Volunteer solicitors for the benefit auction for the Children’s Museum & Theatre of Maine cast a wide net and brought in quite a haul — 500 donations, including a European getaway.

“I think every business in this area wants to support nonprofits,” said Suzanne Olson, the museum’s executive director. “It’s just about finding the right match.”

Fundraising totals were still being finalized at press time, but the museum thought the results could be in line with its goal of $75,000 to $80,000.

The auction, the museum’s largest annual fundraiser, supports educational exhibits, programs and productions. Community support is crucial because a little less than half of the funds needed to run the museum comes from tickets, admission and memberships.

“Tonight supports our direct work with children and families, the most important parts of what happens at the museum and theatre,” Olson said.

Silent auction items included original art, children’s activities, certificates for local restaurants and services, gourmet foods, jewelry and a variety of unusual gifts — something for anybody.

“It’s a great way to engage with a lot of community partners and individuals,” said arts educator Louisa Donelson. “It becomes a large community event.”

Breaking a record for the organization, 79 membership scholarships were sold via auction and will go to families who wouldn’t otherwise be able to afford frequent museum visits.

“I feel really strongly that all kids need opportunities to learn and grow in open-ended ways,” Olson said.

She said that when kids walk into the museum, “there’s no feeling ‘I’m not rich enough I’m not old enough,’ or whatever. They walk in with so much anticipation and excitement.”

Lucy Bangor, marketing and public relations manager, said she overheard a little girl tell her father: “This WHOLE museum is for playing!”

Museum staff put on programming for children every half-hour, with educational experiences related to arts, culture and science typically not available in schools.

“It’s a unique style of programming that is imagination-based and play-oriented,” Donelson said.

“It’s a really interactive, awesome place, so I was glad to help pitch in,” said Lori Voornas, radio personality on Q97.9, who volunteered as the emcee for the silent auction. She said her kids love the museum’s pirate ship and diner.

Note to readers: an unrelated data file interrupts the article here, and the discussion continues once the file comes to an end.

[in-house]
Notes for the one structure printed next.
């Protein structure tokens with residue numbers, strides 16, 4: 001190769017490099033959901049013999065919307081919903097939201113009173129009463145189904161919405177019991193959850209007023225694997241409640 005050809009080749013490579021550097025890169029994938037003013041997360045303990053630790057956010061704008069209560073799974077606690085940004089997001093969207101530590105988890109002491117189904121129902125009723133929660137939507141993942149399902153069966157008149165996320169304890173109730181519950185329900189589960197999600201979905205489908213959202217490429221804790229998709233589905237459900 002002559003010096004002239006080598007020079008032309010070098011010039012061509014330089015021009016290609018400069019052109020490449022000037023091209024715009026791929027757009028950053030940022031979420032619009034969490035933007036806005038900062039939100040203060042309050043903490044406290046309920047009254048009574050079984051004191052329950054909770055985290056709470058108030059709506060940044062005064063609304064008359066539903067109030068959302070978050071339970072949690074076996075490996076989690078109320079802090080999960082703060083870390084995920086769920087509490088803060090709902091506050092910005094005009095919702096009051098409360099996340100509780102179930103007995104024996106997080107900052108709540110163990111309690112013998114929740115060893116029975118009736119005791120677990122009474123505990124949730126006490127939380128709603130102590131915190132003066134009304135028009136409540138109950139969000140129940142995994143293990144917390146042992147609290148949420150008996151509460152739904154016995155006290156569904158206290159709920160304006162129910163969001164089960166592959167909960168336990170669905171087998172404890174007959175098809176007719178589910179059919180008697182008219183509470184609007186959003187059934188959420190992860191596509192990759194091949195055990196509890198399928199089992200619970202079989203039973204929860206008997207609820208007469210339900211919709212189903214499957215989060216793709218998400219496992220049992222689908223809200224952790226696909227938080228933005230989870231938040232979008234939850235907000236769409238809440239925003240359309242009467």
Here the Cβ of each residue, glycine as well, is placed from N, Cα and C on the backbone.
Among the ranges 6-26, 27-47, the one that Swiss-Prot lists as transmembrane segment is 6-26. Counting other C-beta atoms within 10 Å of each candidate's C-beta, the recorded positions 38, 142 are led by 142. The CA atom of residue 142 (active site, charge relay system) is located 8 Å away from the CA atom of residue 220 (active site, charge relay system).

“They’re doing great new programs, like special programs for kids with autism,” said Diane Boas, a former director of development of the Children’s Theatre of Maine before it merged with the museum. “We want to support organizations that reach out to underserved populations and promote diversity.”

“For little Portland, Maine, it’s unbelievable,” said Barry Schklair of Cape Elizabeth. “But it’s typical of Portland, to over-achieve.”

Bree LaCasse said her 3-year-old son has a membership and goes to the museum with his grandmother every Tuesday.

“Apparently, everyone there knows him,” LaCasse laughed. “And, for him, it never gets old.”

The Children’s Museum was founded in 1976, and it merged with the Children’s Theatre of Maine in 2008.

“My older son used to go when it was on Stevens Avenue, and now my two younger ones go to birthday parties there,” said Lynne Cross of Cape Elizabeth. Big hits with her family include the fire truck, farm and lobster boat.

“Just one night a year, we have just grownups at the party,” laughed Bangor.

Auction organizers and guests enjoyed a perfect sunset over Portland Harbor from the Ocean Gateway. Sophisticated hors d’oeuvres from Local Sprouts Catering and complementary beer and wine set a decidedly adult tone for the crowd of about 300 museum supporters.

“My wife and I buy art every year,” said Gordon Holman of Portland.

“It’s our group annual outing,” added Megan Freise, planning to bid on art for the first time.

Live auction items included 30 unique experiences available to the highest bidder. Think big: A complete lobster bake for 10. A Justin Bieber concert in Boston. Or a Portland Sea Dogs skybox for 22.

The highest bid was for a stay at a villa in Los Cabos, Mexico, or Costa Rica — bringing in more than $6,000 for the museum.

Amy Paradysz is a freelance writer from Scarborough. She can be reached at:

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